Exit strategies from Quantitative Easing: the role of the fiscal-monetary policy mix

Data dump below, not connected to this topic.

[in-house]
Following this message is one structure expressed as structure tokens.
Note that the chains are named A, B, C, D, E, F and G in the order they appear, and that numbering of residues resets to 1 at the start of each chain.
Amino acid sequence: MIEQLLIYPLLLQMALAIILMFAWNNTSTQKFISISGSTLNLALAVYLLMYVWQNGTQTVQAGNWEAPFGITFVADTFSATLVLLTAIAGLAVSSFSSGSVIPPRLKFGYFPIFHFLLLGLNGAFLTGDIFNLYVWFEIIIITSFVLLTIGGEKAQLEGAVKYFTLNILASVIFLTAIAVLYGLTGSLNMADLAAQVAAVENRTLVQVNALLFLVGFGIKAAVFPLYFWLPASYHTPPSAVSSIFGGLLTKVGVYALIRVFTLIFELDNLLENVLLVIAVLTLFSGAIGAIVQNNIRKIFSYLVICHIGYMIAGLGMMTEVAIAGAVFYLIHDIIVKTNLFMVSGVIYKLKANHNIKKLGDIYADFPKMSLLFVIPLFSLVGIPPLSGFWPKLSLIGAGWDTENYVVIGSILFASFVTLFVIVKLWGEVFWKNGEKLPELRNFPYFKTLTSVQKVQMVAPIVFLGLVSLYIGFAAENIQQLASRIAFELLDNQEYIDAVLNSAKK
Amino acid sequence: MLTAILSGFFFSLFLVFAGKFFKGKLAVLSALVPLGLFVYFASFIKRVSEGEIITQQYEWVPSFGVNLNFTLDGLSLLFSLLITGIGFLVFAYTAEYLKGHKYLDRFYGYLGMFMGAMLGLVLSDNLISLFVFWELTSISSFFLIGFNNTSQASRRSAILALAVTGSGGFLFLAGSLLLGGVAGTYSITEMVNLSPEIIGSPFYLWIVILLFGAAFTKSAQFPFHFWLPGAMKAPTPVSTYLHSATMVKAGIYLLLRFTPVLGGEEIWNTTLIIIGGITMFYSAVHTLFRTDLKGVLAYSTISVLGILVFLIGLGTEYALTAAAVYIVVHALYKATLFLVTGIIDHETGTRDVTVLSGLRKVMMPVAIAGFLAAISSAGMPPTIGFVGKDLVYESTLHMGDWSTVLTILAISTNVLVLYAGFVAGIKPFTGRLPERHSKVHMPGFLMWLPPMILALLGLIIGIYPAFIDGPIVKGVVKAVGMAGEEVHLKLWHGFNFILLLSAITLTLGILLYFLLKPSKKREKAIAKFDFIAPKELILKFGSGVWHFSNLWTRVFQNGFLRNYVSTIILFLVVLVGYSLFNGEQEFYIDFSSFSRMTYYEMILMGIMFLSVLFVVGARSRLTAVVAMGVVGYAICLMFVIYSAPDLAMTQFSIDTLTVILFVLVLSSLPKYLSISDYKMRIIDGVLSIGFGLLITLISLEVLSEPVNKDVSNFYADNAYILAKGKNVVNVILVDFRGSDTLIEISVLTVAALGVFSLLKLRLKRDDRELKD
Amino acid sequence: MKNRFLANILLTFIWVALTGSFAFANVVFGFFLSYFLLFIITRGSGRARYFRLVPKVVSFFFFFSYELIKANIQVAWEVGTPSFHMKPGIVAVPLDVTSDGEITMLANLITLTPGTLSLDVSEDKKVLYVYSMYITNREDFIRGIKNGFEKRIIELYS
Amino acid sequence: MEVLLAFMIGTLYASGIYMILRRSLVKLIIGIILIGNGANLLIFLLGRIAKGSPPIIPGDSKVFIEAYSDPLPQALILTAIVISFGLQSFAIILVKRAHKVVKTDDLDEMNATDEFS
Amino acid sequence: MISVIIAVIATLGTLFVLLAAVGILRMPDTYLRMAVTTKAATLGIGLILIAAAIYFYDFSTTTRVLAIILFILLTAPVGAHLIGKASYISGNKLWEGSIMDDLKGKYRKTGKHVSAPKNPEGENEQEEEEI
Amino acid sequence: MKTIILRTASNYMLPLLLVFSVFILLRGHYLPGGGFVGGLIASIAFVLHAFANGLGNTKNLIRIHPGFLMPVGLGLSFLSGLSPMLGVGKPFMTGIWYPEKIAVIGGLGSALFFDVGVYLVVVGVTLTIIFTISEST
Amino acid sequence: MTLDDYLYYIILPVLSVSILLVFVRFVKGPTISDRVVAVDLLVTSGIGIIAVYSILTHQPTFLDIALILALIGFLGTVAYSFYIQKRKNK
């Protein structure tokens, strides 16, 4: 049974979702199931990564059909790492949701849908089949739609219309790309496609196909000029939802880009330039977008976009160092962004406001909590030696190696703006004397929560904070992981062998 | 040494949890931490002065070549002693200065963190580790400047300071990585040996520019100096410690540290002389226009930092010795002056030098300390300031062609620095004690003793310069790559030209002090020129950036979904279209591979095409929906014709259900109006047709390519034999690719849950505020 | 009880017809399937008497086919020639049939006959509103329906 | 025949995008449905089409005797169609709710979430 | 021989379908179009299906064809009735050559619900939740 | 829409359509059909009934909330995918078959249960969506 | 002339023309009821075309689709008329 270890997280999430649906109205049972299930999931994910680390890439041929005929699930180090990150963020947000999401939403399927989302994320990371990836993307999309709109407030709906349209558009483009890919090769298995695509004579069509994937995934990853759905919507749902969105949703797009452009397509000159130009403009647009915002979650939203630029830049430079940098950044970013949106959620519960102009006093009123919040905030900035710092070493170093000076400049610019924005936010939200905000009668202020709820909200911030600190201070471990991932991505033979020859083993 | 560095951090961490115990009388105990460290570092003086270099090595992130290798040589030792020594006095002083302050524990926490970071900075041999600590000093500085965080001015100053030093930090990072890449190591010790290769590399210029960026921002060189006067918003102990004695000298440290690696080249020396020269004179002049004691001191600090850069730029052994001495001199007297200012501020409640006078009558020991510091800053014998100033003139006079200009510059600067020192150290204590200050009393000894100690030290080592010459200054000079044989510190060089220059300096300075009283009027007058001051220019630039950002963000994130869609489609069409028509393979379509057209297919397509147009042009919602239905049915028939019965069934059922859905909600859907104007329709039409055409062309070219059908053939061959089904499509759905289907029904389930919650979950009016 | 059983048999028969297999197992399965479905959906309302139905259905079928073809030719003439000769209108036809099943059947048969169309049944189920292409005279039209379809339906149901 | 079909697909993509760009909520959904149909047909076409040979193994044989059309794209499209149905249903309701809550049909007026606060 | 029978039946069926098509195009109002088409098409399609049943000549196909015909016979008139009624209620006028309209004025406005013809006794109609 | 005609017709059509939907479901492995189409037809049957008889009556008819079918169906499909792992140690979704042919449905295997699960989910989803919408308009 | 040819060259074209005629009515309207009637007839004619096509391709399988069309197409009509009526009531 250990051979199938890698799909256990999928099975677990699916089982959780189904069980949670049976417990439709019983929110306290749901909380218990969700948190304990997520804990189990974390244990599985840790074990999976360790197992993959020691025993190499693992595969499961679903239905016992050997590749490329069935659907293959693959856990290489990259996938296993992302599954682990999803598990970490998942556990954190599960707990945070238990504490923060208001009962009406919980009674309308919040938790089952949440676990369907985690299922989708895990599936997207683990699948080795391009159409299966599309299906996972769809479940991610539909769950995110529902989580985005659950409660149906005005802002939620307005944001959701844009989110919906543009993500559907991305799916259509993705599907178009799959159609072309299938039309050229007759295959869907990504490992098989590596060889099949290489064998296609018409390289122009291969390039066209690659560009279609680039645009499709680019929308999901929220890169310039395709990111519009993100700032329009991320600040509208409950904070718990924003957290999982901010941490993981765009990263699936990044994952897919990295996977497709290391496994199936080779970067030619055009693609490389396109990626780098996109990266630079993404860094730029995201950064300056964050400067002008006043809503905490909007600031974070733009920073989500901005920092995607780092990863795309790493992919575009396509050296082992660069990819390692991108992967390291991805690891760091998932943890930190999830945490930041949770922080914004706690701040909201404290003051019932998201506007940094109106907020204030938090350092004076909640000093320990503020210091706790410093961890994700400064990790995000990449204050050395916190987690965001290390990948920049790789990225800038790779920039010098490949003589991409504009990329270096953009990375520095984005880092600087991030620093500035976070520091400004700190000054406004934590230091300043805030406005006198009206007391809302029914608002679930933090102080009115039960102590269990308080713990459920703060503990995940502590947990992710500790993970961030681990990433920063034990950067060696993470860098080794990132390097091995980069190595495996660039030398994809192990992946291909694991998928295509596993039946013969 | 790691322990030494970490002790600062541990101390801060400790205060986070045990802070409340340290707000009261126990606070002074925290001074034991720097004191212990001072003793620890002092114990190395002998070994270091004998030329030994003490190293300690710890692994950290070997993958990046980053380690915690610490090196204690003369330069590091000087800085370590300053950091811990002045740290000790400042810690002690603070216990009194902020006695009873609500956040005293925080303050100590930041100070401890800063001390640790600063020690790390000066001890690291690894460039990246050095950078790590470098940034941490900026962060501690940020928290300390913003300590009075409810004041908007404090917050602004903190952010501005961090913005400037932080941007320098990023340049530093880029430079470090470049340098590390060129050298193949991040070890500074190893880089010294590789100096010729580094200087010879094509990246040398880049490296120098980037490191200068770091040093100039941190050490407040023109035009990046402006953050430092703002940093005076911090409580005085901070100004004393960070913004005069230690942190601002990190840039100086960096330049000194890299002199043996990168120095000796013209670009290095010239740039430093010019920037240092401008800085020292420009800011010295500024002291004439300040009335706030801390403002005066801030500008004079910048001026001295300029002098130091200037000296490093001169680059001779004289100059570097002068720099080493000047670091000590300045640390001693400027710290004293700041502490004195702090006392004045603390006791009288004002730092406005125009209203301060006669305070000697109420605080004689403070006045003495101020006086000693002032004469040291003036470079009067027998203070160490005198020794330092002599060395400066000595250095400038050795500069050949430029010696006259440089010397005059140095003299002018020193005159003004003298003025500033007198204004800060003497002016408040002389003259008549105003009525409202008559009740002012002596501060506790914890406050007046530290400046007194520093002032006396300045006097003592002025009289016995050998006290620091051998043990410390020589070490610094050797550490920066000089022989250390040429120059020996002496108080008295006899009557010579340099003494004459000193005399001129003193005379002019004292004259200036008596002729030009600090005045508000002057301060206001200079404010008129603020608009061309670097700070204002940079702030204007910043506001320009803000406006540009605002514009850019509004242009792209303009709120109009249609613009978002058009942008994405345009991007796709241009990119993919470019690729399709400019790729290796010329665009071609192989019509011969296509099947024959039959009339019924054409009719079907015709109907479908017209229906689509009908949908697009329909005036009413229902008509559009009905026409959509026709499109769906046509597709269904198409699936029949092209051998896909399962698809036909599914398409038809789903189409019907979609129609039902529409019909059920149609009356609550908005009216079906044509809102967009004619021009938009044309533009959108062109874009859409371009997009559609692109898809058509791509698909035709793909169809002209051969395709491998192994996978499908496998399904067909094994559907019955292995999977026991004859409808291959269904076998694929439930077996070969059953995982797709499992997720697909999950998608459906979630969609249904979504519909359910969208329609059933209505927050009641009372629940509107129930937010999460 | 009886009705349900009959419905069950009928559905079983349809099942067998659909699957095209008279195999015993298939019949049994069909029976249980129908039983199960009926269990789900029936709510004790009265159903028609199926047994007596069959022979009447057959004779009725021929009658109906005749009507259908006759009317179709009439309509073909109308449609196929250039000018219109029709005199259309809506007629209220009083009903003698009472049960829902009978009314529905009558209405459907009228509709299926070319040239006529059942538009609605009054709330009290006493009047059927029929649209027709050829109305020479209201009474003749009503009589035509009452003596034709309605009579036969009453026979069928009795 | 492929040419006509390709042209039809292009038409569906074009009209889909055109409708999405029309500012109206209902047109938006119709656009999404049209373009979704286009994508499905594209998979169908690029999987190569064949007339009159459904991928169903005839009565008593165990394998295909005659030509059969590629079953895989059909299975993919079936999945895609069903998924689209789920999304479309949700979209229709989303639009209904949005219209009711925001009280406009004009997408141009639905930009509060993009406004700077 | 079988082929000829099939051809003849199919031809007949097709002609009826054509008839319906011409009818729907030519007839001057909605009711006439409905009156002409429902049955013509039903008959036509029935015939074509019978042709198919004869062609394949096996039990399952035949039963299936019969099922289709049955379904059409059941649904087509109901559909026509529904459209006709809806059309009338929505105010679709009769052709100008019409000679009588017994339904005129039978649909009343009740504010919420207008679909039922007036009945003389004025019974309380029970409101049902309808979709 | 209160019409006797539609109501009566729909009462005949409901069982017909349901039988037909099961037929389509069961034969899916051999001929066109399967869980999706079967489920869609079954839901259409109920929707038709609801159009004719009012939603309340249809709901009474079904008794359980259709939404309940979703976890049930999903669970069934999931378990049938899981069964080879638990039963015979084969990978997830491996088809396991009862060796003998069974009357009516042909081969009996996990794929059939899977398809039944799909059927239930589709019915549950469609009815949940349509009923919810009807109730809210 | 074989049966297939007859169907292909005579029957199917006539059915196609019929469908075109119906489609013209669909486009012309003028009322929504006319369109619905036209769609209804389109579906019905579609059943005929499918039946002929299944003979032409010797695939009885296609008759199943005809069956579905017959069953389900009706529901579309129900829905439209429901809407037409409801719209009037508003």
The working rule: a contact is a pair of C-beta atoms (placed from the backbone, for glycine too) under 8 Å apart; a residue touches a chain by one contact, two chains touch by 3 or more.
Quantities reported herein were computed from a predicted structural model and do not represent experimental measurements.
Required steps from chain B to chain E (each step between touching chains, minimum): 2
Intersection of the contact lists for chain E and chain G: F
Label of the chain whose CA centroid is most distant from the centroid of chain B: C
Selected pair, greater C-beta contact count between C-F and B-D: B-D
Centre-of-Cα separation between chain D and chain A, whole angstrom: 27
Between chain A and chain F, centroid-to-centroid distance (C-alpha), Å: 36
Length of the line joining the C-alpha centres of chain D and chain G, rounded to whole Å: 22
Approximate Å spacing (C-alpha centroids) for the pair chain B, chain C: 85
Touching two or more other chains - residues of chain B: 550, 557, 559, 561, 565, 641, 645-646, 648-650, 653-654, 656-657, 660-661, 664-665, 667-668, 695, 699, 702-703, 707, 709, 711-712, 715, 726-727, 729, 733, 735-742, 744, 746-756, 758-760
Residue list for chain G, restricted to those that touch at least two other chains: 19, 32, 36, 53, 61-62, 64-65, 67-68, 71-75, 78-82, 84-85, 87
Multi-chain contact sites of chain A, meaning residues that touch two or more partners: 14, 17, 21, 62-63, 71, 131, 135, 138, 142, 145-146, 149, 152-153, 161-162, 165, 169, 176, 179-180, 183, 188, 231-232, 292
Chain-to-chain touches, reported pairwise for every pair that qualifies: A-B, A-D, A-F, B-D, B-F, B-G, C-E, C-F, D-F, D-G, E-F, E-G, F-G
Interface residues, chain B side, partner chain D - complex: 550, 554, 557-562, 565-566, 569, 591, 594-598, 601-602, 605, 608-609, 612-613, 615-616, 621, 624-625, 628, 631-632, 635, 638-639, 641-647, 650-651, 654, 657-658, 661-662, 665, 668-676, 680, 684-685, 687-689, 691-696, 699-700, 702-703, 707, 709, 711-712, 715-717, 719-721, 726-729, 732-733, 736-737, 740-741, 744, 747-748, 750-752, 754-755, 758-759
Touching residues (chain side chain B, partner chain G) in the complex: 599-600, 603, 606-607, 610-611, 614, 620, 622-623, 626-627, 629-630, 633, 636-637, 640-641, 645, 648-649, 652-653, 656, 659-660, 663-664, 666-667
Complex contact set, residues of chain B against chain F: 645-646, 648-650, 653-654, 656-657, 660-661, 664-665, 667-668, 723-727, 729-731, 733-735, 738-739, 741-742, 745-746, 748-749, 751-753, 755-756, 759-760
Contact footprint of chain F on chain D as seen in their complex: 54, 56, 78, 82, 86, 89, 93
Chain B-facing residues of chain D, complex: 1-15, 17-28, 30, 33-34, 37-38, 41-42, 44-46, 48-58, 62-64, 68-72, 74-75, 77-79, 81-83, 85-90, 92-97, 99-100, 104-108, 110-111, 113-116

As a consequence of the policy responses to the COVID-19 crisis, central bank balance sheets, public debt, and liquidity increased in many developed economies. As the economies recover and inflation far exceeds the target, central banks face a challenge in how to manage their balance sheet. I study the macroeconomic effects of reducing the central bank balance sheet size, i.e., Quantitative Tightening (QT). I construct a Regime-Switching New Keynesian DSGE model calibrated to the US economy. The economy fluctuates between a monetary-led regime, a fiscally-led regime, and the zero lower bound on the monetary policy interest rate. The macroeconomic effects of QT crucially depend on the fiscal-monetary policy mix. In a monetary-led regime, QT effectively reduces inflation at the cost of increasing the government debt-to-GDP ratio. In contrast, unwinding the central bank balance sheet in a fiscally-led regime has little impact on inflation. The negative demand effect driven by QT is not enough to counteract the stimulative impact of negative real interest rates and fiscal stimulus.